Iowa's Jordan Sellergren returns with another set of songs that, this time, remind us of how puny we are, how little we stand, but how great that can still be. She sings slightly, but purposely, of things like morning light, sneaky rains and the depths of human capacity. She sings of the bluffs along a river and, without even bringing them up, points out the ghosts that walk along them, motioning toward a natural ancestry that finds its way into the ways we growing into walking and how we wear a hat, or how we deliver a look of genuine sadness.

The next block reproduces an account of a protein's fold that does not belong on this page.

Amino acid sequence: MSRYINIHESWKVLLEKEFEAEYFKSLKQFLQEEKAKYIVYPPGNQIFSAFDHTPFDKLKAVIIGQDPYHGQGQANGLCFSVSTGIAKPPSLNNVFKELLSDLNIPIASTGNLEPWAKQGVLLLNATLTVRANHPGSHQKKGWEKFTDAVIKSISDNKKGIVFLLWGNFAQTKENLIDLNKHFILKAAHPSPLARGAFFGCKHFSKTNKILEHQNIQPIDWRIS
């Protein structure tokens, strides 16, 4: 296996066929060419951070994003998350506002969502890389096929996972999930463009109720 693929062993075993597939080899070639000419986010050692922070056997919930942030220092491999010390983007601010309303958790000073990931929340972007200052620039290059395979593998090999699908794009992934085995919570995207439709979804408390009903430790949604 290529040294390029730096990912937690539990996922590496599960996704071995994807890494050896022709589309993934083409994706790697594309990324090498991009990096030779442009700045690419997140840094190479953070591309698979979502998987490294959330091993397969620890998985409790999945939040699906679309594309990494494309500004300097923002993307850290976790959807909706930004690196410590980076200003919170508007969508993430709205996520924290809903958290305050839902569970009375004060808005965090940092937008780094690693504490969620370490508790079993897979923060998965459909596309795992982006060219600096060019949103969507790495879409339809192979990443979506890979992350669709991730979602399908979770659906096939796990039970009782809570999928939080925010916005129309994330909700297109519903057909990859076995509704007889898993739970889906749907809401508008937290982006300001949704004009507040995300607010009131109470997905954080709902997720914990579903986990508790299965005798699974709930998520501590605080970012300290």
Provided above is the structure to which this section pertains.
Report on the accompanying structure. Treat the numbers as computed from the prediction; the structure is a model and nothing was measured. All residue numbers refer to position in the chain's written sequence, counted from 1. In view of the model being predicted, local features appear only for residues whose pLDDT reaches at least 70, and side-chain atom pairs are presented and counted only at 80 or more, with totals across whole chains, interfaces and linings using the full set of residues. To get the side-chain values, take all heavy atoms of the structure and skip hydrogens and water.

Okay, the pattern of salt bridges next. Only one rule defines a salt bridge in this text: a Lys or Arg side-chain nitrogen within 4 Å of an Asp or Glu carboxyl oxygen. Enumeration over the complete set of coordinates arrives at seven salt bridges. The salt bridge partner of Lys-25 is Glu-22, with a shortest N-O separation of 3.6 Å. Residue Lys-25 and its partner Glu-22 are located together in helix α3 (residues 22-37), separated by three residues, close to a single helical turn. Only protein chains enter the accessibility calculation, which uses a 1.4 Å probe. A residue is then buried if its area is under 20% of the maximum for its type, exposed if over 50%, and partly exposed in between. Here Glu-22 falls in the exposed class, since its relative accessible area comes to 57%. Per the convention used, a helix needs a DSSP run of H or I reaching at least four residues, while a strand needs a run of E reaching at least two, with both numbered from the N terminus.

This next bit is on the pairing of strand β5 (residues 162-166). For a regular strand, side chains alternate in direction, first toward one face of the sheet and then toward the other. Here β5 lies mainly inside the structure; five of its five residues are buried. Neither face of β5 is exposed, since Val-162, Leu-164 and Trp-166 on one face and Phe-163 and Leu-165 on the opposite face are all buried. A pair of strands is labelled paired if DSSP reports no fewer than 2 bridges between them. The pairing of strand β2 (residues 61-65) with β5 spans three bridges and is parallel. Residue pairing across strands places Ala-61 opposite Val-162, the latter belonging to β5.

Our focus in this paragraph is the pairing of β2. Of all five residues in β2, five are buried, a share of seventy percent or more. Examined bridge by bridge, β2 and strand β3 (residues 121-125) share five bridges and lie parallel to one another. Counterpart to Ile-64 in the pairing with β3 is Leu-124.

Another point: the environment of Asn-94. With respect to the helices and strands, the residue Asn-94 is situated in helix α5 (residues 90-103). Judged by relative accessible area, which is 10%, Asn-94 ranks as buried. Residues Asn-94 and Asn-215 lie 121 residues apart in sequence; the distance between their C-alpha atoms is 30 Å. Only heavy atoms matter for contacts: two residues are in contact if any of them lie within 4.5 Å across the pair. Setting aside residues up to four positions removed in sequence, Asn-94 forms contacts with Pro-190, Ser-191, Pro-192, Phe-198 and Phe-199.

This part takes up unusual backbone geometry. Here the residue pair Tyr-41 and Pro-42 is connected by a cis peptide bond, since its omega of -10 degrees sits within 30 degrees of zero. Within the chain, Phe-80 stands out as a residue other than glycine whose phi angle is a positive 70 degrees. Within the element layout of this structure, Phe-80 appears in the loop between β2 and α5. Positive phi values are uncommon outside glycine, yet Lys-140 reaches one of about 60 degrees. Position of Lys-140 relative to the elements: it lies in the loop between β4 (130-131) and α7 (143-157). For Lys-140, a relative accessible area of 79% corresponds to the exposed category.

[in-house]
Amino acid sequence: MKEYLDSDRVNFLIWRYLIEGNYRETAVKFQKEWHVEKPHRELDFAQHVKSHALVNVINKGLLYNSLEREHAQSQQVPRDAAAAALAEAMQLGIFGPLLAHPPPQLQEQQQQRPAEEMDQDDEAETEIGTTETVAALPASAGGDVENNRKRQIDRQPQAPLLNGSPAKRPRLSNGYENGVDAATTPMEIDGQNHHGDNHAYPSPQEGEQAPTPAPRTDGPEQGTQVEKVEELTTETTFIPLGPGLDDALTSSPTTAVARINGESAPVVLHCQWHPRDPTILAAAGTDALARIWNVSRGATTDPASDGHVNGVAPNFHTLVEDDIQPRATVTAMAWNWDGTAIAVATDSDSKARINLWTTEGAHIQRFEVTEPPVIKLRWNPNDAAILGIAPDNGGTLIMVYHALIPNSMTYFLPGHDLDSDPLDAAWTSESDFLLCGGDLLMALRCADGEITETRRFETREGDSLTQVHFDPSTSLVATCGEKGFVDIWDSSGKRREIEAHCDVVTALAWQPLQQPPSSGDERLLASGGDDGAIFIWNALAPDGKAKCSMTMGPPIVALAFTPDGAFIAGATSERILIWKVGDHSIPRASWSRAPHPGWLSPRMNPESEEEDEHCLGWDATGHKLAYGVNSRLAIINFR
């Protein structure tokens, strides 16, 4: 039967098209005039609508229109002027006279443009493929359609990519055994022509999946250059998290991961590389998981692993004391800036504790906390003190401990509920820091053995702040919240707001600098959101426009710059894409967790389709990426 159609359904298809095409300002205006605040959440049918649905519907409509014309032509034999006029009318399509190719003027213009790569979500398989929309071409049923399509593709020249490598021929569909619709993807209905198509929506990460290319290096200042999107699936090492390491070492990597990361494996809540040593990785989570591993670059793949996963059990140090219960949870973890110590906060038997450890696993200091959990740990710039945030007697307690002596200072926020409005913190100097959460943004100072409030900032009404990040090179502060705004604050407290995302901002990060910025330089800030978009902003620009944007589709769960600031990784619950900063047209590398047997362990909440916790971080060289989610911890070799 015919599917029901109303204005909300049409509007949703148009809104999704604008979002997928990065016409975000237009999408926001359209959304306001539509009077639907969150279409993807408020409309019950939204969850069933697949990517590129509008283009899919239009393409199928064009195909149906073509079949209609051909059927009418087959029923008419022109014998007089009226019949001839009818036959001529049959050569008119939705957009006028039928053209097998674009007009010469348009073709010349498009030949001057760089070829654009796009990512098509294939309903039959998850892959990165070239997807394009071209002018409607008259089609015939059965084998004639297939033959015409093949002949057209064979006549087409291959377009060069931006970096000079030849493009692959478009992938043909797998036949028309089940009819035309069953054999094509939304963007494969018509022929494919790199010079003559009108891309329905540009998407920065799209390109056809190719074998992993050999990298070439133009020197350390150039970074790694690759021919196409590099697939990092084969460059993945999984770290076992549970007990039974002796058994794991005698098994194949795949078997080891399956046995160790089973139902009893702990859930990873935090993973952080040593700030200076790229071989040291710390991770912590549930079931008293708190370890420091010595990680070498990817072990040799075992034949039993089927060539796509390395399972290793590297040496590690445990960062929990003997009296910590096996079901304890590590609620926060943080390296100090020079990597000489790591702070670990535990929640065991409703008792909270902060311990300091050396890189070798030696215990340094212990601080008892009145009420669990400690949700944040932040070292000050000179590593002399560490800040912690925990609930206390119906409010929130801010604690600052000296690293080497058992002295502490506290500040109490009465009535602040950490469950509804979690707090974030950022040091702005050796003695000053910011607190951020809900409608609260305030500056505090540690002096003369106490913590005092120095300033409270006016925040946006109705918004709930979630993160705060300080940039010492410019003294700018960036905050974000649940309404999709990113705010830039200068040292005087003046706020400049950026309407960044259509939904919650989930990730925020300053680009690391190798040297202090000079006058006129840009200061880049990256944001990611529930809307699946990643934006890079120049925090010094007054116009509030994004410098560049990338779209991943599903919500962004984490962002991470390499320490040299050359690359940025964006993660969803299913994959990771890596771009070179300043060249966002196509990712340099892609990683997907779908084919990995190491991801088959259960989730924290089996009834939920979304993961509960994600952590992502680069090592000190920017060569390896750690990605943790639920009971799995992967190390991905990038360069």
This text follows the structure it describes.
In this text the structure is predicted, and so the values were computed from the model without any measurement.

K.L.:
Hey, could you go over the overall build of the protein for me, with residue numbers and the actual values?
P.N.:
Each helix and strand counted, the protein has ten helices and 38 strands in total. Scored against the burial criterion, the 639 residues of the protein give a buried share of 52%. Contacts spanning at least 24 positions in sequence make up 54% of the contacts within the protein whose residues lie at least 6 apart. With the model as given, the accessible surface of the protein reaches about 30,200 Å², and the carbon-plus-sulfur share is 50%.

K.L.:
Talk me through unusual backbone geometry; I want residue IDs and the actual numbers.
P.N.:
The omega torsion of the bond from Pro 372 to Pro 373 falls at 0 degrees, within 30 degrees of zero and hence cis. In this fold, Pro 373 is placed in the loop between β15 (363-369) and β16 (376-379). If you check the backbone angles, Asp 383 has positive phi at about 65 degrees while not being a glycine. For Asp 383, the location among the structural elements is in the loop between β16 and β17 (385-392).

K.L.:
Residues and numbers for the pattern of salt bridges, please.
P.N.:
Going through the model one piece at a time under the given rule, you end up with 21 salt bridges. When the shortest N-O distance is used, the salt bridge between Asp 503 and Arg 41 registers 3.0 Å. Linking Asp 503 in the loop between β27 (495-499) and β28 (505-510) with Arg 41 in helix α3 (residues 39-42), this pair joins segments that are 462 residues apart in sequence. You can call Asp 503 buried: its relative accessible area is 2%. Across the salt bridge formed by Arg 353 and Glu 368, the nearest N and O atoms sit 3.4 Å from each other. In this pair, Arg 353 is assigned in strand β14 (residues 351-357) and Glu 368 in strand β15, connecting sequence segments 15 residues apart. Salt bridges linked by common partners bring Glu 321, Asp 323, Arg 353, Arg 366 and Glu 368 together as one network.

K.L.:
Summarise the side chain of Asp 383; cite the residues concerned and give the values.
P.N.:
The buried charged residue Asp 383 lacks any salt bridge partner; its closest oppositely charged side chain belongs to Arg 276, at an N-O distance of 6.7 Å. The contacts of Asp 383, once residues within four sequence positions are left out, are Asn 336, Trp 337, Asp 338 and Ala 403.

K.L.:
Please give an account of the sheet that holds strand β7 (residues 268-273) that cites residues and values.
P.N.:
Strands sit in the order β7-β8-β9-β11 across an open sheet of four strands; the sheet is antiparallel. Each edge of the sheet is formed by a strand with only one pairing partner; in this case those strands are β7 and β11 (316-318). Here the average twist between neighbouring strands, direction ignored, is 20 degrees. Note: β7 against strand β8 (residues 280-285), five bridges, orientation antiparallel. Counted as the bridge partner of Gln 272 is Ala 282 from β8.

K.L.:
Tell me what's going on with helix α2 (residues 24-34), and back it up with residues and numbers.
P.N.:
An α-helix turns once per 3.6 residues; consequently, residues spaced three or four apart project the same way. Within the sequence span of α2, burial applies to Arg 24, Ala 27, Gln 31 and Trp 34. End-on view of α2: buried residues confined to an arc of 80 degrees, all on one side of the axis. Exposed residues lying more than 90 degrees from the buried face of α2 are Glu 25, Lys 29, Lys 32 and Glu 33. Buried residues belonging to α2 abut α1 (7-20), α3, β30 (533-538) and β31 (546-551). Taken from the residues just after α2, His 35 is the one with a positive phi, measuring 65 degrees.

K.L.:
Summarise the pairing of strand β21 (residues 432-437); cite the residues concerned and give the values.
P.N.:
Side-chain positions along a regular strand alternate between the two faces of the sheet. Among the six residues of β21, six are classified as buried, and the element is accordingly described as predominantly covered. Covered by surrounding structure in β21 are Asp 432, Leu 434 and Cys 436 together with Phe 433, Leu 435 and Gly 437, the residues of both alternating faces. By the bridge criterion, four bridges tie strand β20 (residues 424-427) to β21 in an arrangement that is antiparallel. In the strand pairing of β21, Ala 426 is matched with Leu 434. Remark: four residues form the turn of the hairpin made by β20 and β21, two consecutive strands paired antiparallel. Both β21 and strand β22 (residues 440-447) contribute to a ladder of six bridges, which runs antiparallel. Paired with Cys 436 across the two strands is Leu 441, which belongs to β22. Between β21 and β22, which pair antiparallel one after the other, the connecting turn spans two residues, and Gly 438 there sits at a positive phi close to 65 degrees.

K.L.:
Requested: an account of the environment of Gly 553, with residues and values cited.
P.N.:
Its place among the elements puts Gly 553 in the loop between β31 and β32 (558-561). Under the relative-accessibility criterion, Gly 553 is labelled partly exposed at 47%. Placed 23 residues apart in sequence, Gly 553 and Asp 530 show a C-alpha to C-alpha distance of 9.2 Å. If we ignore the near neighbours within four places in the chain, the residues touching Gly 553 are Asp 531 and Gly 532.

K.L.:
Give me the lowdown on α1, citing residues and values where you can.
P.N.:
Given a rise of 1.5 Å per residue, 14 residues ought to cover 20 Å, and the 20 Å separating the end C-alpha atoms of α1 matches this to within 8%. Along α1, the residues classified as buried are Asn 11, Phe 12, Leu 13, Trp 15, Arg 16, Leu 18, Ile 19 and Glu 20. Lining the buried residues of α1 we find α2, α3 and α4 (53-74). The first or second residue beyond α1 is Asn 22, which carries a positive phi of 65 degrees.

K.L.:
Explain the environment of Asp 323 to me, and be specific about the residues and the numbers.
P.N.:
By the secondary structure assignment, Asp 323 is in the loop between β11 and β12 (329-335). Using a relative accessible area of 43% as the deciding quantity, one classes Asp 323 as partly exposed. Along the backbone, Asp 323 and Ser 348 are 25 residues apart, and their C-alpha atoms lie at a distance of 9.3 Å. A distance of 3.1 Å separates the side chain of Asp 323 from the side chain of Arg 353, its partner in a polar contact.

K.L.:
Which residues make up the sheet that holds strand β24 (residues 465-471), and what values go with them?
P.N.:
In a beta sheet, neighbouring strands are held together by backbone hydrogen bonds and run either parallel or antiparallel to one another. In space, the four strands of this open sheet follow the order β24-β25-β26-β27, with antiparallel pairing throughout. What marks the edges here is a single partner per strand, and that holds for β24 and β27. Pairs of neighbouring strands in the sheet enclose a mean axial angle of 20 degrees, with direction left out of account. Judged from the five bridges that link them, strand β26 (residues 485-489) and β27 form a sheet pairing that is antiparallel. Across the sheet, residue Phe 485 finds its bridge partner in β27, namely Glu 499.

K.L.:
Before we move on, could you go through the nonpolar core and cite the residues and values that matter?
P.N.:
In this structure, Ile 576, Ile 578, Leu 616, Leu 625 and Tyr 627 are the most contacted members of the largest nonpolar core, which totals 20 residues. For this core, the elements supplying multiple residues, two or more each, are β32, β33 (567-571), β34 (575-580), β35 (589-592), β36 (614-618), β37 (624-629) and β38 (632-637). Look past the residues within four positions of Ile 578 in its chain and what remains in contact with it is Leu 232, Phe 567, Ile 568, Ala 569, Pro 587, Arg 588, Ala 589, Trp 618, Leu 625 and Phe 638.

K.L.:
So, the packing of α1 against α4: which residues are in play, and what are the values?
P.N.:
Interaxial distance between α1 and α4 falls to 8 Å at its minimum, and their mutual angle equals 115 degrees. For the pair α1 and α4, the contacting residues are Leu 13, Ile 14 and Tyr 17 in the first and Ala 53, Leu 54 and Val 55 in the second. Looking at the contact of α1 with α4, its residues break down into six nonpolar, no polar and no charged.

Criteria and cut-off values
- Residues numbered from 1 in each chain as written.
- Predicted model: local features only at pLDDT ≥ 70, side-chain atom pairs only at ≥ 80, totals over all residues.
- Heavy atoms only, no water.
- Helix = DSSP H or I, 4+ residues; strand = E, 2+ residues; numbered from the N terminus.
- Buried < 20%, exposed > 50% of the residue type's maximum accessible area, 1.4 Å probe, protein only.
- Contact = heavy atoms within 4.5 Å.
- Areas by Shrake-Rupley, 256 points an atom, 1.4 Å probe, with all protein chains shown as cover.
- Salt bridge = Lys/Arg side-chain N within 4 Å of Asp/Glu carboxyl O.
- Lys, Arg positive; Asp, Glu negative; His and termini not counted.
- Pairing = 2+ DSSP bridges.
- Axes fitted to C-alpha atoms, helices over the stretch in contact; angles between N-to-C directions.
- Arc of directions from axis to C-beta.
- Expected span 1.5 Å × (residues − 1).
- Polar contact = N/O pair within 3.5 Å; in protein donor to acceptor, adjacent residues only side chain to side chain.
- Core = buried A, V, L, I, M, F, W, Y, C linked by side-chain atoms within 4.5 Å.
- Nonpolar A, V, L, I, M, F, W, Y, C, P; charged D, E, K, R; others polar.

We need her dedication to these words and her guitar. We need her to explain things or to frame them in such a way that it gives us the same satisfying feeling that we get after a great meal that takes all night to get through - not based on volume, just based on the company, the conversation, the quality of it all and the great wine washing it all down. We need her to write so romantically about the soft pains and the hard pains that ripple through us and sometimes bury themselves into our pores and veins. We need her to do this so badly that we don't want her studying anything other than what she's thinking and feeling at the time. These folk songs that she writes come from this place, some place that's so beautiful and known for its weariness.